Richard Schrock shared the 2005 chemistry prize with fellow American Robert Grubbs and Yves Chauvin of France for ‘the development of the metathesis method in organic synthesis’. Metathesis (lit. ‘change-places’) is one of organic chemistry’s most important reactions. In metathesis reactions, bonds are broken and made between the carbon atoms that are the basis of all organic life, allowing atom groups to change places. This happens with the assistance of special catalyst molecules. In 1971 Yves Chauvin was able to explain in detail how metathesis reactions function and what types of metal compound act as catalysts in the reactions. Schrock was the first to produce, in 1990, an efficient metal-compound catalyst for metathesis. Two years later Grubbs developed a better, more stable, catalyst. Metathesis was already used, mainly for pharmaceuticals and plastics, but the trio’s work has made the process simpler, more efficient and more environmentally friendly. Their discoveries suggest fantastic opportunities for producing new molecules artificially through organic synthesis.
Richard Royce Schrock was born in Berne, Indiana, in 1945, but the family moved to San Diego, California, in 1959. He attended Mission Bay high school and went on to the University of California, Riverside to study chemistry, gaining a BA in 1967, and gained his PhD at Harvard in 1971. He then went to England for postdoctoral studies at the University of Cambridge with Lord Jack Lewis, and in 1972 he was hired by Du Pont Experimental Station in Wilmington, Delaware. At Du Pont, Schrock fi rst came across olefin metathesis, and began to consider the possibilities of a catalyst.
In 1975 he joined the faculty of the MIT, rising to full professor in 1980 and Frederick G Keyes Professor of Chemistry in 1989. With funding to build up a lab team, he had by 1980 shown what type of tungsten would metathesize olefis. By the mid 1980s he had developed catalysts for both the olefin and acetylene metathesis reactions. Supported by the National Institutes of Health, in 2003 he achieved the catalytic reduction of dinitrogen with protons and electrons at room temperature and pressure – a goal of many researchers for 40 years. Schrock is a member of the American Academy of Arts and Sciences and the National Academy of Sciences. He has published more than 400 papers and trained over 140 graduate and postdoctoral students. When he is not working he indulges in his lifelong hobby of woodworking. He married teacher and librarian Nancy Carlson in 1971 and they have two sons.
This text and the picture of the Nobel Laureate were taken from the book: "NOBELS. Nobel Laureates photographed by Peter Badge" (WILEY-VCH, 2008).
By Volker Steger
This is a tall, lanky MIT guy. He looks at my pencils and at me:
“You wanna do an art project?” He decides his work of art needs
an artsy title! He corrects his title three times before
giving up and breaking into laughter.
In the end he calls it “The Metathesis Dance”. Cool.
Er ist ein großer und schlaksiger MIT-Kerl. Er schaut meine Stifte an
und dann mich: „Sie wollen ein Kunstprojekt auf die Beine stellen?“
Er findet, dass sein Kunstwerk einen künstlerischen Titel braucht und
korrigiert den Titel dreimal, bevor er aufgibt und in Lachen ausbricht.
Und schließlich nennt er sein Werk: „Der Metathesen-Tanz.“ Cool.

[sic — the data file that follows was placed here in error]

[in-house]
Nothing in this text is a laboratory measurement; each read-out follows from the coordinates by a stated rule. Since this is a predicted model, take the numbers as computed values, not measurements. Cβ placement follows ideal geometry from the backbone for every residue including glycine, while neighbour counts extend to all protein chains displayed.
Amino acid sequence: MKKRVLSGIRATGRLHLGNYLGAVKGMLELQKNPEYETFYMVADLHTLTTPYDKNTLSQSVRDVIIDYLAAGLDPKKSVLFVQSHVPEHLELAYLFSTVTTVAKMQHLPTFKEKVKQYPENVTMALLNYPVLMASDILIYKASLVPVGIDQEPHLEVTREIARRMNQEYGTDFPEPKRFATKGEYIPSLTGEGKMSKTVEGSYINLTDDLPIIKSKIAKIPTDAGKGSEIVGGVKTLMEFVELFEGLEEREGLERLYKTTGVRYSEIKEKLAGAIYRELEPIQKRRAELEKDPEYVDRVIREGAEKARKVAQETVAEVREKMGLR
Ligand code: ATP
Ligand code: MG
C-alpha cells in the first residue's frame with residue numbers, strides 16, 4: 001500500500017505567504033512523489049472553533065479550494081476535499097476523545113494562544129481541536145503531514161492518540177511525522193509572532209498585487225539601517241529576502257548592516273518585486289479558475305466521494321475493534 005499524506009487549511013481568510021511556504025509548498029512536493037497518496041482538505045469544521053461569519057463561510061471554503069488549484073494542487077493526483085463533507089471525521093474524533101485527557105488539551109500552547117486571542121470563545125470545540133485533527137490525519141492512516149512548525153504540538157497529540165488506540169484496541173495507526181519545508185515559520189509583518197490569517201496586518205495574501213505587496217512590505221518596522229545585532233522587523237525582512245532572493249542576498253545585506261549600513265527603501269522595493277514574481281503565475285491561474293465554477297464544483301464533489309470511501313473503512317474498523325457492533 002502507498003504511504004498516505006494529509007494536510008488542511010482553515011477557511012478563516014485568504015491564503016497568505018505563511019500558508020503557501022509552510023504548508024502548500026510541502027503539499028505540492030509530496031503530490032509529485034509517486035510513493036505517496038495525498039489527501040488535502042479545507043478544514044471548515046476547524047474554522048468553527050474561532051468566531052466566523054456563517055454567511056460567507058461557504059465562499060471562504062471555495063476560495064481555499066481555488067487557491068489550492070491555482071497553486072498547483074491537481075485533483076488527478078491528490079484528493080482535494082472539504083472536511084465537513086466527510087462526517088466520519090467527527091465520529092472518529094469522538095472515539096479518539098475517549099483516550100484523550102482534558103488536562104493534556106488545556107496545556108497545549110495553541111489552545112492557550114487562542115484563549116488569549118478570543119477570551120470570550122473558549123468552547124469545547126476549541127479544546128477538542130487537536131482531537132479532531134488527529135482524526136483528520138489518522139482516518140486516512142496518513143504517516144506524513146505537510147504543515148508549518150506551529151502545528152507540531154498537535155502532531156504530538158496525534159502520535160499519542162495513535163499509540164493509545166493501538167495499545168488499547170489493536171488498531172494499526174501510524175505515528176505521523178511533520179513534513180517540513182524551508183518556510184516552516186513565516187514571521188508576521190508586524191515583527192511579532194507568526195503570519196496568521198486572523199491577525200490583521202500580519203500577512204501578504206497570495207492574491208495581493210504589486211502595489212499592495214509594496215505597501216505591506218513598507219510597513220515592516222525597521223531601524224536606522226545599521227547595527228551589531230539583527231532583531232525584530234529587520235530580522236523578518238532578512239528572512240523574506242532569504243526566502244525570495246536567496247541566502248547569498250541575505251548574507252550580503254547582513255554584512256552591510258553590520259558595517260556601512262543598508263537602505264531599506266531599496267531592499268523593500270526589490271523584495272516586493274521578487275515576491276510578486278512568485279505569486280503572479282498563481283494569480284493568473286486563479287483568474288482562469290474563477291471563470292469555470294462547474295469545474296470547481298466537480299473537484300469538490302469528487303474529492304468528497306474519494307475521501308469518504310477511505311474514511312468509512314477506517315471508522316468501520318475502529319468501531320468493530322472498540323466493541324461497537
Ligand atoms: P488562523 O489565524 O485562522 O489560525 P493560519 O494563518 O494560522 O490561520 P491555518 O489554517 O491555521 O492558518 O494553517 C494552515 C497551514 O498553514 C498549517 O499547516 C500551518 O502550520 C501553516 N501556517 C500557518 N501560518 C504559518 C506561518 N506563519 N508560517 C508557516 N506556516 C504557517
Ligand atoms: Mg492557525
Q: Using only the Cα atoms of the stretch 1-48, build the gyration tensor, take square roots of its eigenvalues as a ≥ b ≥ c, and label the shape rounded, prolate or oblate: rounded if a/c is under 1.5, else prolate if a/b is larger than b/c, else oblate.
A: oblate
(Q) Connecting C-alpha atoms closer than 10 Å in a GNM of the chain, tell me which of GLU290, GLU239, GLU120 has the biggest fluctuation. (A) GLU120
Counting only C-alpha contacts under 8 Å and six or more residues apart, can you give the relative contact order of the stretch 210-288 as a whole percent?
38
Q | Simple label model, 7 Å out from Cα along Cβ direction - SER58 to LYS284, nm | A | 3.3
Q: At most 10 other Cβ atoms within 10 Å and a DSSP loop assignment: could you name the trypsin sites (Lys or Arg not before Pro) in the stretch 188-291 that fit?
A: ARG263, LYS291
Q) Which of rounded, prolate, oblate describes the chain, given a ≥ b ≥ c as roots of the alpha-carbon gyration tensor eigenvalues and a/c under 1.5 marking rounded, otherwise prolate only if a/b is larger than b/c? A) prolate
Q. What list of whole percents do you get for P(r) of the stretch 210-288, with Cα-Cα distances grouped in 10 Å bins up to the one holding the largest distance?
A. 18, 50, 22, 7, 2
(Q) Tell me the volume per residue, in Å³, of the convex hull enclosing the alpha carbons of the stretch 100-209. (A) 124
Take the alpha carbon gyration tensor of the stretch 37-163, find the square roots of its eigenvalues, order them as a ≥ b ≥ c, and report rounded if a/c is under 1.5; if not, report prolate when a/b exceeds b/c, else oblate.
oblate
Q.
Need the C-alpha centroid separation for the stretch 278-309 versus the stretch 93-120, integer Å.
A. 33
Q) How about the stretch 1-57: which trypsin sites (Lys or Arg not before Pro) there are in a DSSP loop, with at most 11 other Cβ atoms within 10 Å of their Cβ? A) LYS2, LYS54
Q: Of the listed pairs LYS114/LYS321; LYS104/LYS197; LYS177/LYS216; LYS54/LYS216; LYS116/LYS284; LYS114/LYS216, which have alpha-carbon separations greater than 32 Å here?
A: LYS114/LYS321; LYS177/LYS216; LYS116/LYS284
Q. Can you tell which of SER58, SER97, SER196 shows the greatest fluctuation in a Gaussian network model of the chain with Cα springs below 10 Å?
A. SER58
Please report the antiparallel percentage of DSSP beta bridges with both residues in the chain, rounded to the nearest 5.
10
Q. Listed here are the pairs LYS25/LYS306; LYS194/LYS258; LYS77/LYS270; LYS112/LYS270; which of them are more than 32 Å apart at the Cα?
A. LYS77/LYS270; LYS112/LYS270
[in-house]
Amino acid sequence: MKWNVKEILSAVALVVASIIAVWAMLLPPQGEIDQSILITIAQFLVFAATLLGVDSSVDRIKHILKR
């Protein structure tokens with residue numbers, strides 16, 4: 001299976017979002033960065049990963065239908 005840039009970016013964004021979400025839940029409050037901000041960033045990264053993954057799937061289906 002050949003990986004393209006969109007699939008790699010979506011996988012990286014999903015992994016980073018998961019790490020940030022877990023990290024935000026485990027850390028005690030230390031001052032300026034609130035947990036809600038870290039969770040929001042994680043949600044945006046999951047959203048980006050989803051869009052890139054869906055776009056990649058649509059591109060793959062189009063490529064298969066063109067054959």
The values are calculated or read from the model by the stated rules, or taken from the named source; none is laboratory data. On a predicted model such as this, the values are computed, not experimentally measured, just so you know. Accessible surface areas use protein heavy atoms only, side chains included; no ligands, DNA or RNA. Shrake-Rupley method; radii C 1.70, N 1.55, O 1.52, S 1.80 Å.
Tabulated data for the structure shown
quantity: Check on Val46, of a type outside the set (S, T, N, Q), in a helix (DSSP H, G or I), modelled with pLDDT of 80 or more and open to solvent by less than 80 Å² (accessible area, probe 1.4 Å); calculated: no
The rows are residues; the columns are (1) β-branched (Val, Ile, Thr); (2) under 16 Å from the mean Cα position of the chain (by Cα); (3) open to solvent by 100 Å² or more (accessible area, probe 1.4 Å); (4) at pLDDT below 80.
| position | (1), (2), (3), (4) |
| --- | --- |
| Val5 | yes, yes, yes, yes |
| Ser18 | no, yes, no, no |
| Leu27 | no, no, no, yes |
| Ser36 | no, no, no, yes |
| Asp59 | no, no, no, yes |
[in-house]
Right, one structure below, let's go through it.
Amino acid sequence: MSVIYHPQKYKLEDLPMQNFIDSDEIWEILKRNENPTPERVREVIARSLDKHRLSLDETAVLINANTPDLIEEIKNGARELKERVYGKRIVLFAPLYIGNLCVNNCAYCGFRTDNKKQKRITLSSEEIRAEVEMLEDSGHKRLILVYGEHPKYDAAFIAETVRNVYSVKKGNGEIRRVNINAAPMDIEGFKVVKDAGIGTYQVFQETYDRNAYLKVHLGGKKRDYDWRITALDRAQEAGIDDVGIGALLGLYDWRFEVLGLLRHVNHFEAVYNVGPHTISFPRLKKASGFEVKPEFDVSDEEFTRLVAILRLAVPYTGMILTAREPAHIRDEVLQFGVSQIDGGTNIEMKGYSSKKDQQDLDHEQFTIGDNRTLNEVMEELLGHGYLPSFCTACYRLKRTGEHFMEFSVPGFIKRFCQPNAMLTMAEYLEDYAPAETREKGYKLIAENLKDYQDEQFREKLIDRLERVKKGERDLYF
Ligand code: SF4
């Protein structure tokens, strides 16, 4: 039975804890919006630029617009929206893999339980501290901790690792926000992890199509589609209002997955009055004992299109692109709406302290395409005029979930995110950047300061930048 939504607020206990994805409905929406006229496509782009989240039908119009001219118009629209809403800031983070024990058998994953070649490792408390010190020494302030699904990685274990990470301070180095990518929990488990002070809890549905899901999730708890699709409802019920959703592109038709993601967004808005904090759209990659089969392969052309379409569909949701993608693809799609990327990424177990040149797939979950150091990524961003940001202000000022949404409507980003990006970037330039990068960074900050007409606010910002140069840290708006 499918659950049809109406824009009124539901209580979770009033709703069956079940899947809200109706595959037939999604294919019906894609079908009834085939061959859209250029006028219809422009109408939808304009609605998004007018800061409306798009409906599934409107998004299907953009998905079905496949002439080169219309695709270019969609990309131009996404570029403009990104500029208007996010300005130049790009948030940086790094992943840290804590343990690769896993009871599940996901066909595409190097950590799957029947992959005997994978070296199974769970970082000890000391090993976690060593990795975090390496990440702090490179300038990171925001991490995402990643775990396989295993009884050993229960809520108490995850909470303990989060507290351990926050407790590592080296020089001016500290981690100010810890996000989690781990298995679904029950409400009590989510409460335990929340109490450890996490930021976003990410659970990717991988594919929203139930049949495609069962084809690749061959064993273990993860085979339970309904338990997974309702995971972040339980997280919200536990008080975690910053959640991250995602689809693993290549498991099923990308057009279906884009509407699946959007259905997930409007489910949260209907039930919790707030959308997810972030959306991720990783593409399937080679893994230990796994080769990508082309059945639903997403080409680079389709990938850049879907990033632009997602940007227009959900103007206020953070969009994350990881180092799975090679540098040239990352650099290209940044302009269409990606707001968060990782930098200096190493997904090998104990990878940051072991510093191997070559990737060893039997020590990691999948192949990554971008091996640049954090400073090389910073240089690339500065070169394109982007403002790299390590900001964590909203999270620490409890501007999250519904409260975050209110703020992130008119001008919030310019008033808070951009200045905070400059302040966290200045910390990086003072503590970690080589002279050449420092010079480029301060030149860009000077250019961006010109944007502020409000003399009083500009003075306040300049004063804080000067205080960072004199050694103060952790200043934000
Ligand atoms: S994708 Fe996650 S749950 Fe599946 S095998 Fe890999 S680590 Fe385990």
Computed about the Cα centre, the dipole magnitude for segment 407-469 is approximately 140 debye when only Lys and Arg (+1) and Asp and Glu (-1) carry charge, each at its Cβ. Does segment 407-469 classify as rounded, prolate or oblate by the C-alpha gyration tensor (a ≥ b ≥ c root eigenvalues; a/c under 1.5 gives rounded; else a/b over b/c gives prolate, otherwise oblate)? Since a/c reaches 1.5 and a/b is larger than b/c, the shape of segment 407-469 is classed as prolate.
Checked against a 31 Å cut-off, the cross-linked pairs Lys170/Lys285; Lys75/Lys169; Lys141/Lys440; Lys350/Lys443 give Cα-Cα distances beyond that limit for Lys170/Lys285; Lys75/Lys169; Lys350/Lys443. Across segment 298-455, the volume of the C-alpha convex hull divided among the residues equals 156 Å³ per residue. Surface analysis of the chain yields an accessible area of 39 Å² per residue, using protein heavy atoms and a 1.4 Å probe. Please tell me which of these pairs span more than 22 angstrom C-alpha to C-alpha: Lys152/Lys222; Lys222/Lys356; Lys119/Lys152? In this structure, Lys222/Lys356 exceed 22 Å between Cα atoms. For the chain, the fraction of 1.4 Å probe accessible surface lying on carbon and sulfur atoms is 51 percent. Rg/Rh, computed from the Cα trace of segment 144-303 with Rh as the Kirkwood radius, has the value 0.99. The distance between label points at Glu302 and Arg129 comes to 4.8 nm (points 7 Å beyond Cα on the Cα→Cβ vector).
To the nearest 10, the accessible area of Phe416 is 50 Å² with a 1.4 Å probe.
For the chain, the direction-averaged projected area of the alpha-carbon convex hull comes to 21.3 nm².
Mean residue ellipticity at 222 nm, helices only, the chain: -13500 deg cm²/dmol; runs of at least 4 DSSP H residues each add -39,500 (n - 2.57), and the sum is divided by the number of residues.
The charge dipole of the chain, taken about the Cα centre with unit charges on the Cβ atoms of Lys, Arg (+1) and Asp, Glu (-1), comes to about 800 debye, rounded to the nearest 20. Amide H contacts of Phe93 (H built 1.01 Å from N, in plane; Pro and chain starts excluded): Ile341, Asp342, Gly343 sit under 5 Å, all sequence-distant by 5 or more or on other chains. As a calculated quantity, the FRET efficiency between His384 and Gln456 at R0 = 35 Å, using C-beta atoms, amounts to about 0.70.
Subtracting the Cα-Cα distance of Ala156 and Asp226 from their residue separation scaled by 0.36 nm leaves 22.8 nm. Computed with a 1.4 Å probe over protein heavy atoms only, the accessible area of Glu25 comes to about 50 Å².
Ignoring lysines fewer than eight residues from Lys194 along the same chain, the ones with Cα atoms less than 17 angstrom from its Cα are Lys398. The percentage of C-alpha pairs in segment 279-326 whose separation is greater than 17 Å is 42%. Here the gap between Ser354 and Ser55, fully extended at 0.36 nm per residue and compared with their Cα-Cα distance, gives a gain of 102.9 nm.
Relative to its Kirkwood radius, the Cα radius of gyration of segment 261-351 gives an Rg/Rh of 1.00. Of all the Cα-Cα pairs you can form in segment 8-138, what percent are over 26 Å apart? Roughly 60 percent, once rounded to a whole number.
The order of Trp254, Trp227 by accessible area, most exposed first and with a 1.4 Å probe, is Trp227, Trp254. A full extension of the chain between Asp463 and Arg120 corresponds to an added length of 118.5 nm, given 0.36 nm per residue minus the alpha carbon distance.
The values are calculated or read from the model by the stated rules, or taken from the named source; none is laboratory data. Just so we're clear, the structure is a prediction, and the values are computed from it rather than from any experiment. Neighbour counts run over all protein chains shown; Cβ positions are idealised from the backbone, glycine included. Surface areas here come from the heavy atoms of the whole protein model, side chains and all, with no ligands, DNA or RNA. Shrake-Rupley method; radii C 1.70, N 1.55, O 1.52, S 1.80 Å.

Take Your Partner by the Hand
by Adam Smith
Just like people, carbon atoms find that dancing together can lead to the formation of new and original couplings. Here, Richard Schrock, one of the developers of the new metathesis method for building organic molecules, has likened its central mechanism to a square dance. So grab a partner and follow along.
A metal (M) holds hands with a carbon atom (C), forming a double bond (those parallel blue lines top left). That couple collide with a pair of carbon atoms, also holding hands. They all reach out to form a ring, much like the square shown upper right. Then the metal drops the hand of its original partner (the blue C), and goes off holding hands with one of the new C’s (a red one), leaving the other red C and the blue one to pair off as well, and the couples float apart.
All this is happening very quickly, easily 20 times a second and perhaps as much as 100 times a second, the metal constantly swapping partners and building new connections amongst the carbon atoms without itself getting exhausted. The metal is a catalyst, able to do this 10,000 or even 100,000 times before being depleted, and thus works with extraordinary efficiency. Of course M isn’t just a lump of pure metal, but a metal with a bunch of other things stuck to it in order to make it soluble and therefore able to meet and bond with the carbon atoms in the organic molecules it is transforming. In Schrock’s case, the metals he used were molybdenum and tungsten, whereas Shrock’s co-Laureate Robert Grubbs used catalysts based on ruthenium, which although far less abundant gives catalysts of greater stability, with greater ease of handling.
When the Nobel Prize in Chemistry was awarded to Richard Schrock, Yves Chauvin and Robert Grubbs for their development of the metathesis method in 2005, very few people had heard of the reaction. But its renown and popularity is now increasing dramatically as people look for more efficient and economical ways to produce new chemicals, particularly biorenewables.
“Do I dance?” Says Schrock. “You know, I don’t square dance. I should because that’s really what this is. Change your partner, do-si-do, that sort of thing. That’s what the metathesis dance is but I don’t square dance.”